Crew-2 astronauts were expected back to Earth this week, but that may be delayed due to weather delays for the October 31 Crew-3 mission. (A rescheduled Wednesday launch was also scuttled because of a ‘minor medical issue’ affecting a crewmember, NASA said.)

William Gerstenmaier, SpaceX vice president, stated that the Inspiration4 team didn’t notice the issue until after they returned to Earth.  

Gerstenmaier stated that he saw contamination under the floor when he returned the vehicle to his family.

Isaacman claims that no bodily fluids were found in the capsule.

CNN’s he stated that he was 100% certain that there were no issues in the cabin.  

Urine began leaking from the toilet when a tube came unplug and pooled beneath the floor panels. SpaceX has since fixed the issue by welding on a urine-flushing tube to the toilet but the Endeavour is still moored to the ISS and unable to be repaired

The toilet started leaking urine after a tube was unplugged and it pooled underneath the floor panels. SpaceX has since fixed this issue by welding a urine flush tube to the toilet. However, the Endeavour is still moored on the ISS and cannot yet be repaired.

Crew-3 was a mission that sent a new set of astronauts to International Space Station Sunday. They used a different capsule, called the Endurance.

The toilet system is identical to the Resilience capsule’s, but the Endurance received the same repair to prevent any further urine leakage.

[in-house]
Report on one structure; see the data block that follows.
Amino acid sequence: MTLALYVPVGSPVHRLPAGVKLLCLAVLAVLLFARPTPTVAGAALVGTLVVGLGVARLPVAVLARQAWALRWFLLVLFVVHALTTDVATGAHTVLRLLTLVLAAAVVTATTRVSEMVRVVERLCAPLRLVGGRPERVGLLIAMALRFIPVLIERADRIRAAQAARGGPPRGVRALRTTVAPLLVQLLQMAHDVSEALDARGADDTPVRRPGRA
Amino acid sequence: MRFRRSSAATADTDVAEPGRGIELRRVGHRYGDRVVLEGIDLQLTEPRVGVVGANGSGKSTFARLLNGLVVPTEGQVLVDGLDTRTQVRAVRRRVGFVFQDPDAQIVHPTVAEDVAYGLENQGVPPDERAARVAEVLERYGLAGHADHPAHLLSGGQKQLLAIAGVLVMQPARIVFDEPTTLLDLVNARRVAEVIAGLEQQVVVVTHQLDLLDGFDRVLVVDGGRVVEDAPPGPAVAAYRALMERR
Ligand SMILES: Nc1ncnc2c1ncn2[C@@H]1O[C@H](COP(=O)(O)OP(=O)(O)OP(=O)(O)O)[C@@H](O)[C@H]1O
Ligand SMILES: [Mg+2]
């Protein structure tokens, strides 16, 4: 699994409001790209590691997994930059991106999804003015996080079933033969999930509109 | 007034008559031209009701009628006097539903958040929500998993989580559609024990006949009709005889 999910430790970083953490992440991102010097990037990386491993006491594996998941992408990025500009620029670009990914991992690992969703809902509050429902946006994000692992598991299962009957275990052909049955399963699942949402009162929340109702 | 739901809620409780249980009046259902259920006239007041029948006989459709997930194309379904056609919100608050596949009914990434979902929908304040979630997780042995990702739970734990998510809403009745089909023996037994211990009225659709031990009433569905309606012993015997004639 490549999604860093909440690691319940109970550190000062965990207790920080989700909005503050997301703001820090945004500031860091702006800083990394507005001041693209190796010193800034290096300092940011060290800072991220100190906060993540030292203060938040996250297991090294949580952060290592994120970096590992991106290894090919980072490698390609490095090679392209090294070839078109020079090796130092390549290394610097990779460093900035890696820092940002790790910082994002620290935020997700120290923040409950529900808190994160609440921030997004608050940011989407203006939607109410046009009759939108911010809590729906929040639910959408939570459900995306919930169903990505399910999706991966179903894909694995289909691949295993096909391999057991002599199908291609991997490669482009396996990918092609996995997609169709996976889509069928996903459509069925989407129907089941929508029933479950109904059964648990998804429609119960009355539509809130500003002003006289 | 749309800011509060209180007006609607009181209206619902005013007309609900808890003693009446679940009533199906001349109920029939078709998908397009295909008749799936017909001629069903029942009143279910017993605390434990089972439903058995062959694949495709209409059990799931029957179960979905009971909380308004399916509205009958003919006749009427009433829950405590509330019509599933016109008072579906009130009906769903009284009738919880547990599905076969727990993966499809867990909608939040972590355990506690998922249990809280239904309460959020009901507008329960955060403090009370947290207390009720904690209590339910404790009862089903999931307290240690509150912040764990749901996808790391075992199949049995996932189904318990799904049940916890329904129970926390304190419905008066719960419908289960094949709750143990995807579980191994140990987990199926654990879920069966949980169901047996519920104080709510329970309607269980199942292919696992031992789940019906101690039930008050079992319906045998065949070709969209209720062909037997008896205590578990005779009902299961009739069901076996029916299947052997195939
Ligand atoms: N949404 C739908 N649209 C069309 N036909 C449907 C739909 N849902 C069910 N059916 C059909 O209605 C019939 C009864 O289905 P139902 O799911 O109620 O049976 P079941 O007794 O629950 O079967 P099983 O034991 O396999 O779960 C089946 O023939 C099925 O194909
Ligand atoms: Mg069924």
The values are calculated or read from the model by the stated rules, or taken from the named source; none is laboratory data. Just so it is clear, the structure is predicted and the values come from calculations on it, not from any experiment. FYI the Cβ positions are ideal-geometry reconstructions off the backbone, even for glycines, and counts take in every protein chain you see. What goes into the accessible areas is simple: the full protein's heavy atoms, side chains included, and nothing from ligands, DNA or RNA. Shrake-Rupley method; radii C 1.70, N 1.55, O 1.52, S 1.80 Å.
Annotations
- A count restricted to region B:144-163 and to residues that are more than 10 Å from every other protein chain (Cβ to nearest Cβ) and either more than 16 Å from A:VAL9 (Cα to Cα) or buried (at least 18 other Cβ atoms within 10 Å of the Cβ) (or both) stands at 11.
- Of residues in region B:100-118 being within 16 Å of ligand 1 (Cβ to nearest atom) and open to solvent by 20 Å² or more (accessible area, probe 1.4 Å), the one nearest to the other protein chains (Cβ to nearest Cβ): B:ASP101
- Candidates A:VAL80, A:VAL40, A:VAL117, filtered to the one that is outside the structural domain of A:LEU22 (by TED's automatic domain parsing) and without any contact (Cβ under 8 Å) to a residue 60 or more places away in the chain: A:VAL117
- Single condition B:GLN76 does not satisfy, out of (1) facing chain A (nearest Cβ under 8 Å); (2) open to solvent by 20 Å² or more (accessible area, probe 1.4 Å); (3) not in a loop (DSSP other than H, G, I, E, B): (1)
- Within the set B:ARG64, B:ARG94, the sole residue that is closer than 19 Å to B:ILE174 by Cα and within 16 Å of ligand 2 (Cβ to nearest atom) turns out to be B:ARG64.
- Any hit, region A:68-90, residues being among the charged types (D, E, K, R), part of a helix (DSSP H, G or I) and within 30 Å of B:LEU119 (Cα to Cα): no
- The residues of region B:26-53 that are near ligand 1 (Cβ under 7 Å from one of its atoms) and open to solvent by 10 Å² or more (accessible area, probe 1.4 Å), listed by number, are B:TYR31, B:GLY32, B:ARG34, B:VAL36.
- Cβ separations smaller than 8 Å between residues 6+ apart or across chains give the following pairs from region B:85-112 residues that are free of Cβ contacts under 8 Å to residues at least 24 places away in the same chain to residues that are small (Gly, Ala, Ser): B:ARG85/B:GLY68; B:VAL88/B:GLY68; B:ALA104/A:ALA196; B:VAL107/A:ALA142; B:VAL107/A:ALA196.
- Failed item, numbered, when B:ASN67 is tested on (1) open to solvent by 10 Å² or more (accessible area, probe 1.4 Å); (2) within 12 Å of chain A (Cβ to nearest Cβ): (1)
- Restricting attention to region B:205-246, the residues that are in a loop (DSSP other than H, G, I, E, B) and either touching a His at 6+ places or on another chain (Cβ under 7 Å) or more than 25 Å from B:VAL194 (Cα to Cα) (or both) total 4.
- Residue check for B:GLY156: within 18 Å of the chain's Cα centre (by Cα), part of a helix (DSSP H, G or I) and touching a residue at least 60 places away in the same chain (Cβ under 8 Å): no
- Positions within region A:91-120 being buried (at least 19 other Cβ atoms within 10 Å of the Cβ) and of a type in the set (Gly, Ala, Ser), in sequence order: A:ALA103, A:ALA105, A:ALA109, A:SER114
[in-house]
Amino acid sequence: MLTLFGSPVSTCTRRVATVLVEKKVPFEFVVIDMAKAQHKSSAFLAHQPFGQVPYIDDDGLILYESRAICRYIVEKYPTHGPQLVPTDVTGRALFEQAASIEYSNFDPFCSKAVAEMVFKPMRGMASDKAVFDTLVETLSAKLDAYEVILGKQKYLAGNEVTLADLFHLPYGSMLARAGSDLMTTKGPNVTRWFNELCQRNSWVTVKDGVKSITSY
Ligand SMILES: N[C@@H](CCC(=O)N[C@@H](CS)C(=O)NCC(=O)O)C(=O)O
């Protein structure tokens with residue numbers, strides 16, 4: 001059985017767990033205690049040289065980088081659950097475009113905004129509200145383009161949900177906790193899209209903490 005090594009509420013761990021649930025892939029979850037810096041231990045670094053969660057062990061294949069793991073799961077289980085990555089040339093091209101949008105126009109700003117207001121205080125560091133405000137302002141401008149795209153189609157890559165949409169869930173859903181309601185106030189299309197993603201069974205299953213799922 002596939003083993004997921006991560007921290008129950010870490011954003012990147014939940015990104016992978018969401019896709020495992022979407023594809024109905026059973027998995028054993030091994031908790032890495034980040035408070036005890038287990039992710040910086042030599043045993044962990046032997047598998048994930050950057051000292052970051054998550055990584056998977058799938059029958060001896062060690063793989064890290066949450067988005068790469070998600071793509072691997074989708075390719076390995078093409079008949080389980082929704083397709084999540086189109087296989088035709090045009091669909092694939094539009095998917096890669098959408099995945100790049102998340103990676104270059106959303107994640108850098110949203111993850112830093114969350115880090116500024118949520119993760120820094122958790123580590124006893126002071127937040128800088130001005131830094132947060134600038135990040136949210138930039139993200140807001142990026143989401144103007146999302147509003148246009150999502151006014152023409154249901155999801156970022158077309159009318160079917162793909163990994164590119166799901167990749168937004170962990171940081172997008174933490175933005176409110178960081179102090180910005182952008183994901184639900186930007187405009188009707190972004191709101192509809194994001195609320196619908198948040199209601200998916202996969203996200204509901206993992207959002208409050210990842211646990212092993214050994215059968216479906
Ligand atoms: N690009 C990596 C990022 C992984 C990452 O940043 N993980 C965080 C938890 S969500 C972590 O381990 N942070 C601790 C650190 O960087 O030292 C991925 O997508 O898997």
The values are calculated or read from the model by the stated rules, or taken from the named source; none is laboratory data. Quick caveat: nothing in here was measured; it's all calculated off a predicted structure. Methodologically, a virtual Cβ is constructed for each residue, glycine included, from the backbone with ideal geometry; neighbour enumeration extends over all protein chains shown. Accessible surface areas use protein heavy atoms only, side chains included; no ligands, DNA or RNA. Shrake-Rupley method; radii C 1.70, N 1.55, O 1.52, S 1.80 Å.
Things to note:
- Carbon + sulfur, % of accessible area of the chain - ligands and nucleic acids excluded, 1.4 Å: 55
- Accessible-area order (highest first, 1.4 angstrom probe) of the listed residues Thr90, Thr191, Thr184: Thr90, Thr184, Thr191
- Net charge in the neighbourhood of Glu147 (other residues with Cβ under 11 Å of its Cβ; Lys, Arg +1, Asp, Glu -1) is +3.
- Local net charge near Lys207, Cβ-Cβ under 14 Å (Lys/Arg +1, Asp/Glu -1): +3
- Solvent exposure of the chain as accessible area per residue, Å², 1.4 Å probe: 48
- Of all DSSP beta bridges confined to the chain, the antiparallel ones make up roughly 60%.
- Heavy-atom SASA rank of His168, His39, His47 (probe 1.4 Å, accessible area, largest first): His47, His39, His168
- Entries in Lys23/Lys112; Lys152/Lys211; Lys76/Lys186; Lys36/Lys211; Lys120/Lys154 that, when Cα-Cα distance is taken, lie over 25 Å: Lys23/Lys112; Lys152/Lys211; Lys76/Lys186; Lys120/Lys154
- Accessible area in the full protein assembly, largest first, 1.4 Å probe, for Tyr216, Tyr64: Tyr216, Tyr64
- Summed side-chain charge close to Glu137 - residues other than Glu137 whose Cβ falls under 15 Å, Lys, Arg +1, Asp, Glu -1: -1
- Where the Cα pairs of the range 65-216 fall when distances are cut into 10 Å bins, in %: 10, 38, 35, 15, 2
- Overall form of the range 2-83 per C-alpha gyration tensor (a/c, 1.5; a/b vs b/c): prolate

SpaceX conducted ground tests to verify that the Endeavour’s design is not compromised by the urine leakage.

Gerstenmaier stated that he would double-check things, triple-check things and had a few more samples to pull out of the chambers and inspect. “But we’ll still be available to go and make certain the crew is safe to come back.”

Stitch stated that “the Inspiration4 flight really was a gift for us,” for alerting crew about the issue.

Shortly after Inspiration4, which included Jared Isaacman (left), Sian Proctor (right), Haley Arceneaux (2nd left) and Christopher Sembroski (2nd right), arrived back on Earth reports surfaced that an alarm went off while the four were in orbit . It was later determined the alarm was due to a malfunctioning toilet

Shortly after Inspiration4, which consisted of Jared Isaacman (left), SianProctor (right), Haley Arceneaux (second left) and Christopher Sembroski (second right), returned to Earth, reports surfaced claiming that an alarm went off during the four-member orbit. Later, it was determined that the alarm was caused by a malfunctioning toilet.

Elon Musk announced in September that SpaceX’s next space tourism flight would include an “upgraded toilet”. 

In a September 21 Twitter, SpaceX CEO John SpaceX referred to the “challenges” with the toilet aboard the modified Crew Dragon module that launched Inspiration4 into space for a three day trip.

Musk didn’t go into detail about the issue with the toilet at that time. 

In the wake of the Inspiration 4 flight, SpaceX CEO Elon Musk tweeted that upgraded toilets were definitely needed. He added: 'We had some challenges with it this flight'

Elon Musk, SpaceX CEO, tweeted that upgraded toilets were needed following the flight of Inspiration 4. He said, “We had some challenges with this flight.”